We post a new episode of Appalachian History weekly podcast every Sunday. You can start listening right away by clicking the podcast icon over on the right side of your screen. If you’d rather grab the show off itunes for later listening, click here:
We open today’s show with an excerpt from interviews of coal miner Joseph Ozanic, Sr. (1895-1978). Ozanic discusses the conflict between the Progressive Miners of America (of which he was president) and John L. Lewis’ United Mine Workers of America. “The miners all over the United States didn’t want John L.’s corrupt company union leadership, nor the United Mine Workers. In 1936, John L. reportedly donated $650,000 in political contributions to the administration then in power; $650,000 that he sponged out of the treasury of the United Mine Workers without the consent of the rank and file who actually owned that money.”
We’ll pause in between things to catch up on a Calendar of Events in the region this week, with special attention paid to events that emphasize heritage and local color.
Barbara Oakley Hayes was 2 years old when “the rains started, continuing for days on end.” Her family had just moved to Oakdale, TN to a house along the banks of the Emory River. “The hills and mountain streams poured forth to swell the river far beyond its normal boundary,” she says. “It was March 23, 1929 and nothing in the path of the rising Emory River was safe.”
Alabama has 3,400 documented caves. The most famous of these is Russell Cave (now a national monument), the oldest rock shelter used regularly for a home in the eastern United States. Named for Thomas Russell, a veteran of the American Revolution who once owned the land above it, this limestone cave is located south of the Alabama-Tennessee border along the southern end of the Cumberland Plateau in northeastern Alabama.
On the evening of Sunday, March 20, 1927, Robert Chapman “Chap” Osborne, a prohibition officer for the Tazewell County Sheriff’s Office, pulled over a vehicle suspected of transporting illegal alcohol near the town of Richlands, VA. Guest blogger Ron Dees, author of the Wythe Notes blog, picks up the thread of the story for us, and manages to dig up a twist on this crime story from Osborne’s past.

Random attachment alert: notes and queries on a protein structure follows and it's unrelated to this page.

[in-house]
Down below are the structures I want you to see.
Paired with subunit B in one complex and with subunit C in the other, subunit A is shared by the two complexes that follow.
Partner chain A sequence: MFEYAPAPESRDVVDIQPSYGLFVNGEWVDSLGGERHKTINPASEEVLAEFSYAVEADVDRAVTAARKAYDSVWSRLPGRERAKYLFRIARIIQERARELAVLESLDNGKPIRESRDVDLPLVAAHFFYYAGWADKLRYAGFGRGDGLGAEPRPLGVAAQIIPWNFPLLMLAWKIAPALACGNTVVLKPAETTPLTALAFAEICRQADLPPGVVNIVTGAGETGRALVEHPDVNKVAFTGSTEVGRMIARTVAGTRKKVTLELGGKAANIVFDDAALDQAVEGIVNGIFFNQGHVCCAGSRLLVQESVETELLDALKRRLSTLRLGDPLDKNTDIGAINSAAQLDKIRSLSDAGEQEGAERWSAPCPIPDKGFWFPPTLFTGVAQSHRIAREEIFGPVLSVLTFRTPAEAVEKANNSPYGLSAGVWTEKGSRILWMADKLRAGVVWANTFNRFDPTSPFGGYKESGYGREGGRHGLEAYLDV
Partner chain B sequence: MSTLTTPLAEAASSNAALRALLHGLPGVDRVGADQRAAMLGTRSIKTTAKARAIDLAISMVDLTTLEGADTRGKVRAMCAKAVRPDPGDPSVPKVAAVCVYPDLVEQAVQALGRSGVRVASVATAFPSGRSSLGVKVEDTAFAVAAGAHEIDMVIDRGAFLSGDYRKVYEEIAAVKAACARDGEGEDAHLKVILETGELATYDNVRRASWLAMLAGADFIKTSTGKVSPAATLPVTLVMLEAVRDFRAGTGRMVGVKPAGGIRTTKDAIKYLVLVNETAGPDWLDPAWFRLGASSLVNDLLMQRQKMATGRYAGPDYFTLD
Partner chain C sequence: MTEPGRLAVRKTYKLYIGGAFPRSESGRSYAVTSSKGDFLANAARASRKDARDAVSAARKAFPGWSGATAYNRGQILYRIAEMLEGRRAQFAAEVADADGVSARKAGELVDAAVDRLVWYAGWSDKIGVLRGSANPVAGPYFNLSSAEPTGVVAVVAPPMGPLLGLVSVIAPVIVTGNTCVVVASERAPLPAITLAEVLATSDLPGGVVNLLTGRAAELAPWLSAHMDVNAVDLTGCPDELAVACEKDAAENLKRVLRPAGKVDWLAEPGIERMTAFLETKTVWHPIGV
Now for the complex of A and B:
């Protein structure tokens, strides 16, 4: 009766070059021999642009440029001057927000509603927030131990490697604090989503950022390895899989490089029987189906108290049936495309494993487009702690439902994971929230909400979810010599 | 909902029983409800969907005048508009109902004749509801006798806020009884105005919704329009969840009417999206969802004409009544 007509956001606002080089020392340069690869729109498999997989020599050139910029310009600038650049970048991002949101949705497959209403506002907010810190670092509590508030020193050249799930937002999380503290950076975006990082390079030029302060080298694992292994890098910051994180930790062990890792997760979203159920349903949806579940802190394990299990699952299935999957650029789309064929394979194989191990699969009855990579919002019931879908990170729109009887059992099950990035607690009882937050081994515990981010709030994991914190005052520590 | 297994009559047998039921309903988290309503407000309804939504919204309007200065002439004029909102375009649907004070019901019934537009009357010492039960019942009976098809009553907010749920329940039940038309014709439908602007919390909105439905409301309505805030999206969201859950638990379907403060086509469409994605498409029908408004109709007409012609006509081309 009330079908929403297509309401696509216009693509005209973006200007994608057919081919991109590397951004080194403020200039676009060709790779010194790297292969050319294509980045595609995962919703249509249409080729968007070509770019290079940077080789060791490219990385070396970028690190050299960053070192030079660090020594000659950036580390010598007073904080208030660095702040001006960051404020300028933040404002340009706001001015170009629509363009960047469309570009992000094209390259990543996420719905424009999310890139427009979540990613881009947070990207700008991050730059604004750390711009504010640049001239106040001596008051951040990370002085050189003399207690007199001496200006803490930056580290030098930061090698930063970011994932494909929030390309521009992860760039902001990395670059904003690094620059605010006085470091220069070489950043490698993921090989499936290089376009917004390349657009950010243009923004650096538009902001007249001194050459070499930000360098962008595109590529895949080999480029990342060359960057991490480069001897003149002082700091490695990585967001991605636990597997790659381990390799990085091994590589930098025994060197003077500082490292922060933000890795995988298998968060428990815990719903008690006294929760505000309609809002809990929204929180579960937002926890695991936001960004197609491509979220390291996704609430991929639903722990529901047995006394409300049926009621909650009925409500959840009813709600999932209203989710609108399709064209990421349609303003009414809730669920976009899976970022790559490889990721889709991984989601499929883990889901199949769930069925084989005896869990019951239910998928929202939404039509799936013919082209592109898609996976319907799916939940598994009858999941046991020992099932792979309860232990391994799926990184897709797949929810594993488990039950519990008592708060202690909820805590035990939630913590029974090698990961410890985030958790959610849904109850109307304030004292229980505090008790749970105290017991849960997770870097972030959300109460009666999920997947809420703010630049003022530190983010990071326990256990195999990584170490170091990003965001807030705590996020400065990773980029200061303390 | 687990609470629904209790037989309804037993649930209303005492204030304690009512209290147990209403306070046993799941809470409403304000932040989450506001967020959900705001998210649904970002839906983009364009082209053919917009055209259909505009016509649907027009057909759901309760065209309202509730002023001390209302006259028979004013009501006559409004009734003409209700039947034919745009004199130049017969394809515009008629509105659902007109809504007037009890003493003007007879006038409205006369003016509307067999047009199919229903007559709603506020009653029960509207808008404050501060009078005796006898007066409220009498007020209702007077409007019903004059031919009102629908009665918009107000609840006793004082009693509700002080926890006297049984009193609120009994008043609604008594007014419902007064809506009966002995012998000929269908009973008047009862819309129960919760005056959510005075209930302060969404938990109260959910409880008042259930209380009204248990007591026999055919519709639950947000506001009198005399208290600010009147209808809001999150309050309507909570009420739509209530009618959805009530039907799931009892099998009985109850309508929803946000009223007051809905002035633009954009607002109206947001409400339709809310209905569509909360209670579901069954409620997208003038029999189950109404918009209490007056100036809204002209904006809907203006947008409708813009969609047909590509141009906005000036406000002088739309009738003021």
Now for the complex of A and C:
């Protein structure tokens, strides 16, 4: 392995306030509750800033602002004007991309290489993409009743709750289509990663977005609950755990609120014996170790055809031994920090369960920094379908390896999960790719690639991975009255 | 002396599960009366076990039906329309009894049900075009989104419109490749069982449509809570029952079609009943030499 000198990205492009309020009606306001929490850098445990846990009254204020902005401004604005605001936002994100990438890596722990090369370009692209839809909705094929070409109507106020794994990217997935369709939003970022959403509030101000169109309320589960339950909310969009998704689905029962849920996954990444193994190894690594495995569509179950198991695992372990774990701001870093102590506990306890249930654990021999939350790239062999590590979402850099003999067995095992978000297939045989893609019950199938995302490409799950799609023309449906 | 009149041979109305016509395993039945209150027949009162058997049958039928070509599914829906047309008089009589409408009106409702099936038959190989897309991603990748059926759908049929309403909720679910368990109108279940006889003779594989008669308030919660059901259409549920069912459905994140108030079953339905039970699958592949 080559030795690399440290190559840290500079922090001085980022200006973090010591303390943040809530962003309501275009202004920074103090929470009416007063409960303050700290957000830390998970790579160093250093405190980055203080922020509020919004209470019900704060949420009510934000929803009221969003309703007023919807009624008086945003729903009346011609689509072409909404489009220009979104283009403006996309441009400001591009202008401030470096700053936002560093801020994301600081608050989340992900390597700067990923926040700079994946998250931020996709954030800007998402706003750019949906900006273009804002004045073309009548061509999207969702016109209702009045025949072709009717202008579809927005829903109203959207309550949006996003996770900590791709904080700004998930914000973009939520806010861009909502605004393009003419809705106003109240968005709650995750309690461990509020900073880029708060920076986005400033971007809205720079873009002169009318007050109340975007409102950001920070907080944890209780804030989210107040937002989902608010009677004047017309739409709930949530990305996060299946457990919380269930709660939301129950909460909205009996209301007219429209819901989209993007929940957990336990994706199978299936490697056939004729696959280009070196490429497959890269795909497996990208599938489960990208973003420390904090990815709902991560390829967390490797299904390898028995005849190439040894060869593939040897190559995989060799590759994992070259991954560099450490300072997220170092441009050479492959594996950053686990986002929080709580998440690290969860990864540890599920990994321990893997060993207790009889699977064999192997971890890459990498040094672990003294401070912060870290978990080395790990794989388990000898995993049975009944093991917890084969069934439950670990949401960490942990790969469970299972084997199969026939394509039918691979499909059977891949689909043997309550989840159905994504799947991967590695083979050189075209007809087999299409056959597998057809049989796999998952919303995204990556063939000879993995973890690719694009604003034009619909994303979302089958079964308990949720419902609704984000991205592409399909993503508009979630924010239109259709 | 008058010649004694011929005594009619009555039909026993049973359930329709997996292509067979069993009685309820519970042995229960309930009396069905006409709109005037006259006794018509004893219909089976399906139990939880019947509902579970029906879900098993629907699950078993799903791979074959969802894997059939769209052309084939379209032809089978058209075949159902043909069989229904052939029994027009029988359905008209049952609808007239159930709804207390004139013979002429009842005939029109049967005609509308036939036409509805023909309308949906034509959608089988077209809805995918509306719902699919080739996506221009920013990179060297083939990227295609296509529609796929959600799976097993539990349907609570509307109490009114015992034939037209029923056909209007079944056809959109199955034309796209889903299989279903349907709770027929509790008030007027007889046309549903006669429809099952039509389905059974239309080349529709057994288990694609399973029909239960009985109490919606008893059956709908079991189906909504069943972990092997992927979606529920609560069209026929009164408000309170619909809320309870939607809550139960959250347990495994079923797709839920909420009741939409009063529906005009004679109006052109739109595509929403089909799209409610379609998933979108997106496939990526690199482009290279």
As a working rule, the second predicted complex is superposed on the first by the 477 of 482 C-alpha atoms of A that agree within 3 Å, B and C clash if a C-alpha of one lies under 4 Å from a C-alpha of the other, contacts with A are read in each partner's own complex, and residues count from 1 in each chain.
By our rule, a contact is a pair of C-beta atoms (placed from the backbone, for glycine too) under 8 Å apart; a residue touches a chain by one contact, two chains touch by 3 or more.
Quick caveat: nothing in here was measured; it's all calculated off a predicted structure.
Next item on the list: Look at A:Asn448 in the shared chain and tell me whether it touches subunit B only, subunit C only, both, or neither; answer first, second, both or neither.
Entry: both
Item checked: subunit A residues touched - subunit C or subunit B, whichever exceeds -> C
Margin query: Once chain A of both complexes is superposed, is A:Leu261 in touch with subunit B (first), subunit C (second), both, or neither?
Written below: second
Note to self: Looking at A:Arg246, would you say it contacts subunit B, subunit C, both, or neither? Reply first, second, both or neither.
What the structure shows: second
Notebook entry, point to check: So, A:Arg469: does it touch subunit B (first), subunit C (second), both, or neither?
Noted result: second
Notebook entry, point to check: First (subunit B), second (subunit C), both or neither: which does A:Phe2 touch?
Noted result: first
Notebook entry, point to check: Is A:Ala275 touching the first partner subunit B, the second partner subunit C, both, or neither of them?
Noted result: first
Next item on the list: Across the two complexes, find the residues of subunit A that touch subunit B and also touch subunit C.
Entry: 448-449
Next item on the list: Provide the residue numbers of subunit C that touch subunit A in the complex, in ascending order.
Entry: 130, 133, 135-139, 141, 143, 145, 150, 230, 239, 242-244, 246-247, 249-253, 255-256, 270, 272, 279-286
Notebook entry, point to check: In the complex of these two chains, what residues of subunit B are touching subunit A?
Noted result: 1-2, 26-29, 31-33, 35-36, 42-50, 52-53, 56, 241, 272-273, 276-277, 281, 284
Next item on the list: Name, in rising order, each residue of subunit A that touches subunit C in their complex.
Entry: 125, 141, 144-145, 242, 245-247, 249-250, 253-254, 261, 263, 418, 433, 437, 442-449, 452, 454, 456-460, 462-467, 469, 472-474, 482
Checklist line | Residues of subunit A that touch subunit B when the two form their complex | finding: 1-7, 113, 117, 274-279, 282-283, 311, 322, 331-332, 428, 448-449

“The Battle of King’s Mountain (October 7, 1780) was an American victory over a loyalist detachment in South Carolina during the British campaign in the South,” begins the Encyclopedia Brittanica entry on the topic. But of course there’s a different view of the battle than the British one, and North Carolina’s Overmountain Victory Trail Association re-enactor group seeks to clarify the Colonists’ side of the tale each October. “Our desire is to keep the story alive on what these men and women did back in 1780,” says current OVTA president Alan Bowen. “The story was lost—or was being lost; schools don’t teach it.”
And, thanks to the good folks at the Digital Archive, we’ll be able to enjoy some authentic Appalachian music from Jimmie Rodgers With The Three Southerners in a 1928 recording of ‘The Sailor’s Plea.’
So, call your old blue-tick hound up on the porch, fire up your corn-cob pipe, and settle in for a dose of Appalachian History.